What will a wet spring bring?
Rewind to September 2020, when a La Niña event in the tropical Pacific Ocean brought above average rain to southern Australia through spring and summer.
This resulted in a bountiful but wet harvest period, a time of strong pasture growth and limited demand for feed and water. Input costs fell while supporting a boost in farmer confidence and profitability for some time.
The Bureau of Meteorology is forecasting above average rain for the 2021 spring, singing a very similar tune to a year ago.
After a few months of neutral climate drivers, the BOM officially declared a negative Indian Ocean Dipole event in July.
Typically, such an event can cause warmer ocean temperatures north of Australia, increasing rainfall over southern and south-eastern Australia.
When previously active in 2016, it resulted in the wettest May to October period on record.
While the BOM does not anticipate this year’s negative IOD to match up to the strength of its predecessor, it is expected to boost the likelihood of above average rain well into spring.
On top of this, current climate models suggest around this same time, cooling of water temperatures in the tropical Pacific may reach La Niña levels.
Another La Niña event will only support the likelihood of above average rain, as last spring showed a little excessively in some regions.
The 2021-22 water allocation year began with a roar in Victoria, supported by the previous month’s rainfall and high carryover volumes from last season.
Only two weeks in and the Bullarook system achieved 100 per cent high-reliability and low-reliability water shares.
If conditions remain wet over the next few months, which climate signs seem to be pointing towards, seasonal determinations for HRWS could reach 100 per cent for all systems as soon as mid-October.
While access to allocations may be in abundance, the strong supply of water will only temper its value, particularly as some farmers and growers feel sustained by rainfall events alone.
Temporary water prices appear likely to follow a similar path to last season, remaining economically justifiable for those looking to capitalise on reduced irrigation costs.
Currently, the fodder market remains swamped with a substantial amount of hay, albeit of varying qualities.
A significant volume of bales has been damaged from the wet hay-making conditions of 2020, not to mention the recent mouse plague.
With demand starting to pick up in some regions, although from a low base, preferences appear set on higher quality varieties. So much so, there are reports of an undamaged cereal hay shortage across most regions.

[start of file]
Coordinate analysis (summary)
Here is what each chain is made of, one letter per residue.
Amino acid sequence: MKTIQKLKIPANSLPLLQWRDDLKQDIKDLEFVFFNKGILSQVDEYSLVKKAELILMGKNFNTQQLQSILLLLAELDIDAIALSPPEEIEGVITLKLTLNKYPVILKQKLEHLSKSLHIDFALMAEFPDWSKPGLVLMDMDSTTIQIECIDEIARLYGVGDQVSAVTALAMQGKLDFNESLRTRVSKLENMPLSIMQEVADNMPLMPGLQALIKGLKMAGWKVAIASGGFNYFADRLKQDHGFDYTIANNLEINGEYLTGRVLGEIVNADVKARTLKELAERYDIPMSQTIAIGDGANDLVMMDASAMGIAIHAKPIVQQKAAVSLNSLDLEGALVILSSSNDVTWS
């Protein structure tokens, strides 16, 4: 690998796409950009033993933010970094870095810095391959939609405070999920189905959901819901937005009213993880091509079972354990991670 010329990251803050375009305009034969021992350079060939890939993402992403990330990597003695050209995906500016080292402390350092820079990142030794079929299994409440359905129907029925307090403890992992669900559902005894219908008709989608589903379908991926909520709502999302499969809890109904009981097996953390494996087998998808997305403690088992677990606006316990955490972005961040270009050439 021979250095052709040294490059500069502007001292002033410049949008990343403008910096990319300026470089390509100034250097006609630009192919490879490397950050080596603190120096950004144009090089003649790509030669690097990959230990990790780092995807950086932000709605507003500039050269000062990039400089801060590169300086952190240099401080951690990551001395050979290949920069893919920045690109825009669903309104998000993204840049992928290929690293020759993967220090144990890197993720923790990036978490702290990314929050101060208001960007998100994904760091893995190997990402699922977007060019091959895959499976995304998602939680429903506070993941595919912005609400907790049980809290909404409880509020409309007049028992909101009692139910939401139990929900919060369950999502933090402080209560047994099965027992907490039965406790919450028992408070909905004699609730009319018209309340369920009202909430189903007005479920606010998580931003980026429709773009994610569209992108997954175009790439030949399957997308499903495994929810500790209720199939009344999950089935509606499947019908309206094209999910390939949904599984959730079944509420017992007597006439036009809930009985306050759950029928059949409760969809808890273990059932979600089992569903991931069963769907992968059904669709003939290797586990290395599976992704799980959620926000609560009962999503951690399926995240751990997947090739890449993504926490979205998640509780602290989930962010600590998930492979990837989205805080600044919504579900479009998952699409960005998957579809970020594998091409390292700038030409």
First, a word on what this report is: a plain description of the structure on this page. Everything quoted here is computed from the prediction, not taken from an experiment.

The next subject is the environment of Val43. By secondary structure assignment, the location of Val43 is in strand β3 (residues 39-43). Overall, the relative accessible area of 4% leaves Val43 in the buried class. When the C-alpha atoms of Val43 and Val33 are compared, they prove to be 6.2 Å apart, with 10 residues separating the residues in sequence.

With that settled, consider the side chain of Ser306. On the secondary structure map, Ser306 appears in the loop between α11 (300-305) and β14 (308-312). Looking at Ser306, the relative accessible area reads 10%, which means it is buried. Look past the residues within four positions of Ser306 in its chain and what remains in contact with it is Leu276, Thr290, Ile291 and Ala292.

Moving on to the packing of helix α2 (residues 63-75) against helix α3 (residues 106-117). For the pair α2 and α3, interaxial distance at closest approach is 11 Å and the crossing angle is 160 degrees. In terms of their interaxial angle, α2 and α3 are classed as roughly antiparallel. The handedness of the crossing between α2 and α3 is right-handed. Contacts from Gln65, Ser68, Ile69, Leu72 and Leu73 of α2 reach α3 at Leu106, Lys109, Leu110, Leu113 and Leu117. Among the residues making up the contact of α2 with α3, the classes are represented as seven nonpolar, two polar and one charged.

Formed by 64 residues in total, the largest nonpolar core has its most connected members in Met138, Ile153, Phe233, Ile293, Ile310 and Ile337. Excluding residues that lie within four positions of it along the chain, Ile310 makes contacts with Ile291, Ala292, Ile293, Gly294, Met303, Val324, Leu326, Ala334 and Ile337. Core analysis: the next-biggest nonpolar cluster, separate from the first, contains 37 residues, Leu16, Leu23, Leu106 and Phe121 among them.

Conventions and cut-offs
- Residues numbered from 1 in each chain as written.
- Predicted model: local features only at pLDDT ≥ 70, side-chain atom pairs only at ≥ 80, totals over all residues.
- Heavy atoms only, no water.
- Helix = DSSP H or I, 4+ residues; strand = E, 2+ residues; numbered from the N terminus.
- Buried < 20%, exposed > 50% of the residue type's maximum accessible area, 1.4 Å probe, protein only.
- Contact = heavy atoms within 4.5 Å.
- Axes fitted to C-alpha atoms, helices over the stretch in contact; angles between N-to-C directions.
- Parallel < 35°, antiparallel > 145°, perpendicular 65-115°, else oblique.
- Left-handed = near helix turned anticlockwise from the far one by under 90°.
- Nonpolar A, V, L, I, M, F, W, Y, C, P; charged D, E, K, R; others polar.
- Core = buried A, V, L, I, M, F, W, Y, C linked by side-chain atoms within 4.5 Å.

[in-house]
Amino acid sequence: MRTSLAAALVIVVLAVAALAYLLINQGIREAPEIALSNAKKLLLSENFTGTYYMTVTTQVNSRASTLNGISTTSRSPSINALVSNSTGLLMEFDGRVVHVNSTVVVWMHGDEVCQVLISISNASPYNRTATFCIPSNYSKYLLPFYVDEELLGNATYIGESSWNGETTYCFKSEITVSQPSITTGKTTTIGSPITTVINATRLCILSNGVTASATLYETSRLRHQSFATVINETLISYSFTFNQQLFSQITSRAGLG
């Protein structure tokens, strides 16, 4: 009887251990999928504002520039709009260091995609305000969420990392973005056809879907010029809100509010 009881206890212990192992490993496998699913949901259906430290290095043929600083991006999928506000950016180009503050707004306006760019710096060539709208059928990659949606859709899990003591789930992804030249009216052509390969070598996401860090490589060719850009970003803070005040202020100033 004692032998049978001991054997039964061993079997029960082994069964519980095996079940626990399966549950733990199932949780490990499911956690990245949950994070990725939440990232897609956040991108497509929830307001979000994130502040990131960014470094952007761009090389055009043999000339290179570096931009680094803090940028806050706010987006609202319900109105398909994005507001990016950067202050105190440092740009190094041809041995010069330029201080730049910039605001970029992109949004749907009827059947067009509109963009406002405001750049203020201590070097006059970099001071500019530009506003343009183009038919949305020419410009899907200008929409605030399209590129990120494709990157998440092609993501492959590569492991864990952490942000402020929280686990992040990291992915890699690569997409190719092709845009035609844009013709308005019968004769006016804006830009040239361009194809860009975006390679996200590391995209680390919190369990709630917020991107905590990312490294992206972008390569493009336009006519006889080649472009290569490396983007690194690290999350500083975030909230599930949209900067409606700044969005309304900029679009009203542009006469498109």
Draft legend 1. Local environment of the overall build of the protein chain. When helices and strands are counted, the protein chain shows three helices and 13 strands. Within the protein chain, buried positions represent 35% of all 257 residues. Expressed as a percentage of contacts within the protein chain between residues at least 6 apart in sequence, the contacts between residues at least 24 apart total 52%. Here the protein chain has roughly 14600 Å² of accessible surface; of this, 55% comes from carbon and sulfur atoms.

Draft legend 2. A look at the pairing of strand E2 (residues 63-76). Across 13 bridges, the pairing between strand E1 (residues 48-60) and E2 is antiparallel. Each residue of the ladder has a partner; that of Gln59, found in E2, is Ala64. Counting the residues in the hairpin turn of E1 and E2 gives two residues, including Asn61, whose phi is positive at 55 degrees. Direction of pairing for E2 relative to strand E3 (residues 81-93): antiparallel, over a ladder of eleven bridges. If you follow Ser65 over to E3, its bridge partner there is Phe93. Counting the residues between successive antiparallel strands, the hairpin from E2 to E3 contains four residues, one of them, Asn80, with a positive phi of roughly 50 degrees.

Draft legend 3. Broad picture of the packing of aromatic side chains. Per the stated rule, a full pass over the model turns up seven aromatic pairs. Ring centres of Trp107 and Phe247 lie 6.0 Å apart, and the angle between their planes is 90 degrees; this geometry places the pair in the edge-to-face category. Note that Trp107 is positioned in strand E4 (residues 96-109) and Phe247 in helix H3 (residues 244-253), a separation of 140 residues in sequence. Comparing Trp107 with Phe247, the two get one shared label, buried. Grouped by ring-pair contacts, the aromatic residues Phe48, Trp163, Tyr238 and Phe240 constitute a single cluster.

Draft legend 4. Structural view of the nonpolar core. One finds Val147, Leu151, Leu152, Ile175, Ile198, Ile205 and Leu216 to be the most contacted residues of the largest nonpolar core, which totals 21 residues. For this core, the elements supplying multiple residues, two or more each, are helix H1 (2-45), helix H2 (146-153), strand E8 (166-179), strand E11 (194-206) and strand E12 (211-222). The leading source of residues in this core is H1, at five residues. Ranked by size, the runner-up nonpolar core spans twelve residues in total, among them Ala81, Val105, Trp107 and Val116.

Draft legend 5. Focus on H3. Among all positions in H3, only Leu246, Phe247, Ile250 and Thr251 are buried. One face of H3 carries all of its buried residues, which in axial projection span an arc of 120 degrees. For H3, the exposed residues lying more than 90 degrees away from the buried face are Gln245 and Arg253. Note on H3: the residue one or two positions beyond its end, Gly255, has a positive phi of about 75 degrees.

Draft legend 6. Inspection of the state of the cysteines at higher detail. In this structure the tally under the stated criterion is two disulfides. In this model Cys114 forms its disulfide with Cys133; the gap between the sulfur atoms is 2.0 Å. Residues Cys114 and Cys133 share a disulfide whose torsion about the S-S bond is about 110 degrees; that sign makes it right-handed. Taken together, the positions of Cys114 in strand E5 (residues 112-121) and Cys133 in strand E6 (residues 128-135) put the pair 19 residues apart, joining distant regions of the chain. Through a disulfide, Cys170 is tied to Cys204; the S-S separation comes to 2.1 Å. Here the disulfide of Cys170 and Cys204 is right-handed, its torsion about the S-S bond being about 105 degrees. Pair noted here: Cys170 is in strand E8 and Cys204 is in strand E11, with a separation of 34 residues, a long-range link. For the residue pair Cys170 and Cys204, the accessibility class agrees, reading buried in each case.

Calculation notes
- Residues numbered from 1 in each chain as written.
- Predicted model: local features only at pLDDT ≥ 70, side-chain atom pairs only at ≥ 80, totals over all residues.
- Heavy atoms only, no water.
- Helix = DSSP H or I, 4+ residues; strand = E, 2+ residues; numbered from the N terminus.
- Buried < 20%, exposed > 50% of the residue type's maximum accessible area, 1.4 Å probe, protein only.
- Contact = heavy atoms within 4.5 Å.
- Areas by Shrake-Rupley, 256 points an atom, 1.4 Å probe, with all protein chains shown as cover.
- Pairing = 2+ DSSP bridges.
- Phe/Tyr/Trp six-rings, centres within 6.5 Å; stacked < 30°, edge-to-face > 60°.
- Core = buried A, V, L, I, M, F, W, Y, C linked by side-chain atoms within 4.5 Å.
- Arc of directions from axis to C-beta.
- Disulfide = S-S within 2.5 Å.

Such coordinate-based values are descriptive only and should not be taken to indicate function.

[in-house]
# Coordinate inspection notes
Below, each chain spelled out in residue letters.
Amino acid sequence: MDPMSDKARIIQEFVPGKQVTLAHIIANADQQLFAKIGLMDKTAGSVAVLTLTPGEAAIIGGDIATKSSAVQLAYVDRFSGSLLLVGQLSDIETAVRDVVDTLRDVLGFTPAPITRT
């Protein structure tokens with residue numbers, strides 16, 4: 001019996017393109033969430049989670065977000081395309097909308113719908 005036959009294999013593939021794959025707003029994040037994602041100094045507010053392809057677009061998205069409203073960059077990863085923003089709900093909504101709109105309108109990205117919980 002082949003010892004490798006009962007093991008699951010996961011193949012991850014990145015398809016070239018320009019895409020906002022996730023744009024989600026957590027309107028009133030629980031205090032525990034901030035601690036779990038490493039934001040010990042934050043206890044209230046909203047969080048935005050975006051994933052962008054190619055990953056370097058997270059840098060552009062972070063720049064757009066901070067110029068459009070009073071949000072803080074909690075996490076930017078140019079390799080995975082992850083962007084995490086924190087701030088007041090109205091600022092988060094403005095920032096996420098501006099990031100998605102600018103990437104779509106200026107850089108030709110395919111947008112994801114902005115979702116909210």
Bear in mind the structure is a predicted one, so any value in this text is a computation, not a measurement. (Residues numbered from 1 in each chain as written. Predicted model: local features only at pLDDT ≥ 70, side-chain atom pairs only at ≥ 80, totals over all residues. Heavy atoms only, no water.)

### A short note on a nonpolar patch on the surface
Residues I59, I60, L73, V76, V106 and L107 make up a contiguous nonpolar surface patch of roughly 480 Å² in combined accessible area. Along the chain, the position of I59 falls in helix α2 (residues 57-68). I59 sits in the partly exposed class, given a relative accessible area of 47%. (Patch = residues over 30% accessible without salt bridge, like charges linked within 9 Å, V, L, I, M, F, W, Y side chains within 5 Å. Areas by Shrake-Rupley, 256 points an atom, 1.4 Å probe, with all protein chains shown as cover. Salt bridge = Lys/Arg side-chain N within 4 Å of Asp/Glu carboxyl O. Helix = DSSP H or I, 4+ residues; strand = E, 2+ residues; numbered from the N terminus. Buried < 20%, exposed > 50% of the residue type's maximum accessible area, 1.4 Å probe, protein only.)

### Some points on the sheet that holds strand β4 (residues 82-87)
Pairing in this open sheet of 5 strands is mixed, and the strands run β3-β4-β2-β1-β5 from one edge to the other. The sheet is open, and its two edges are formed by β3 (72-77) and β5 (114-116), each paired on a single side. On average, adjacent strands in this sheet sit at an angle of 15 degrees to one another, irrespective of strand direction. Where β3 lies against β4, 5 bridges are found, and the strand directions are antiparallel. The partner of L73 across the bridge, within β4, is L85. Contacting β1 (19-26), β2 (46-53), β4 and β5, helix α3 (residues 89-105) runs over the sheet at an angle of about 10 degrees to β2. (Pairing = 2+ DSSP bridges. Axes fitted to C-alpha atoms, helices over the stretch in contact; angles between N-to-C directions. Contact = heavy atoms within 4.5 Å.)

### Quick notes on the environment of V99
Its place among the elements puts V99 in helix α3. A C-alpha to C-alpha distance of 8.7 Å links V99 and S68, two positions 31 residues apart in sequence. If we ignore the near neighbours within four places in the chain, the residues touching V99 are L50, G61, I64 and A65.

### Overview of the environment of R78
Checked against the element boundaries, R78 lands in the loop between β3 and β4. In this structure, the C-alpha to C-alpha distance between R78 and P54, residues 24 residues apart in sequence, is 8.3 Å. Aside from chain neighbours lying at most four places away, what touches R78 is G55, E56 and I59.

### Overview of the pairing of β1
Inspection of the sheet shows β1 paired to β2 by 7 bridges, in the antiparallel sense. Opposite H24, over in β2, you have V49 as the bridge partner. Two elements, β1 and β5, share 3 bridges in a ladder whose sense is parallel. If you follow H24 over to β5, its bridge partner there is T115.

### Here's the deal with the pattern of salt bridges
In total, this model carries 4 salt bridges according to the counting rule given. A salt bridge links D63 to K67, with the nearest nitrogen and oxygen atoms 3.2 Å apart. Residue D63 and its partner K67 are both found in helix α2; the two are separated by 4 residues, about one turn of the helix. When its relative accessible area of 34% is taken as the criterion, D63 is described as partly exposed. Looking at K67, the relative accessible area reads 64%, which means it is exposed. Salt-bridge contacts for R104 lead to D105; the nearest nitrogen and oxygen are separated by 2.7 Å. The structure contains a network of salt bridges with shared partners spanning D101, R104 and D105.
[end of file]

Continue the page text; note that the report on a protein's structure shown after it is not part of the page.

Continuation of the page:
Many growers are now reporting depleted cereal hay stocks, with lucerne and vetch varieties not too far behind.
Another wet spring may continue to support pasture growth but could see the fodder market continue to drown in an abundance of hay.
The question is whether the upcoming harvest will provide the opportunity to replenish supply gaps with good quality hay, or further add to stocks of wet and damaged bales.
Adding to the supply pressure for high quality hay is the increased number of growers planning to take crops through to grain this harvest.
Decreased domestic and export demand for hay, relatively favourable growing conditions and rising global grain prices have seen the planted area for crops rise this season.
Current grain forecasts suggest the upcoming harvest will produce strong yields, despite a relatively dry autumn start for some regions.
While continued rain over spring would support yield estimates, it could cause delays during the harvest period.
Despite a somewhat inevitable decrease in demand for purchased feed, mounting international pressure after floods and record-breaking droughts in the Northern Hemisphere, such as the current event in Canada, are anticipated to support grain prices.
As weather outlooks suggest this spring may mimic the last, farmers could have another opportunity to capitalise on benefits brought on by heavy spring rain.
With strong water supply and pasture growth anticipated, the demand for supplementary feed is likely to remain subdued while weather conditions support hay and grain production.
So, while growers may have to navigate the impacts of another wet harvest, strong feed availability and lowered inputs costs could see some dairy farmers singing in the rain.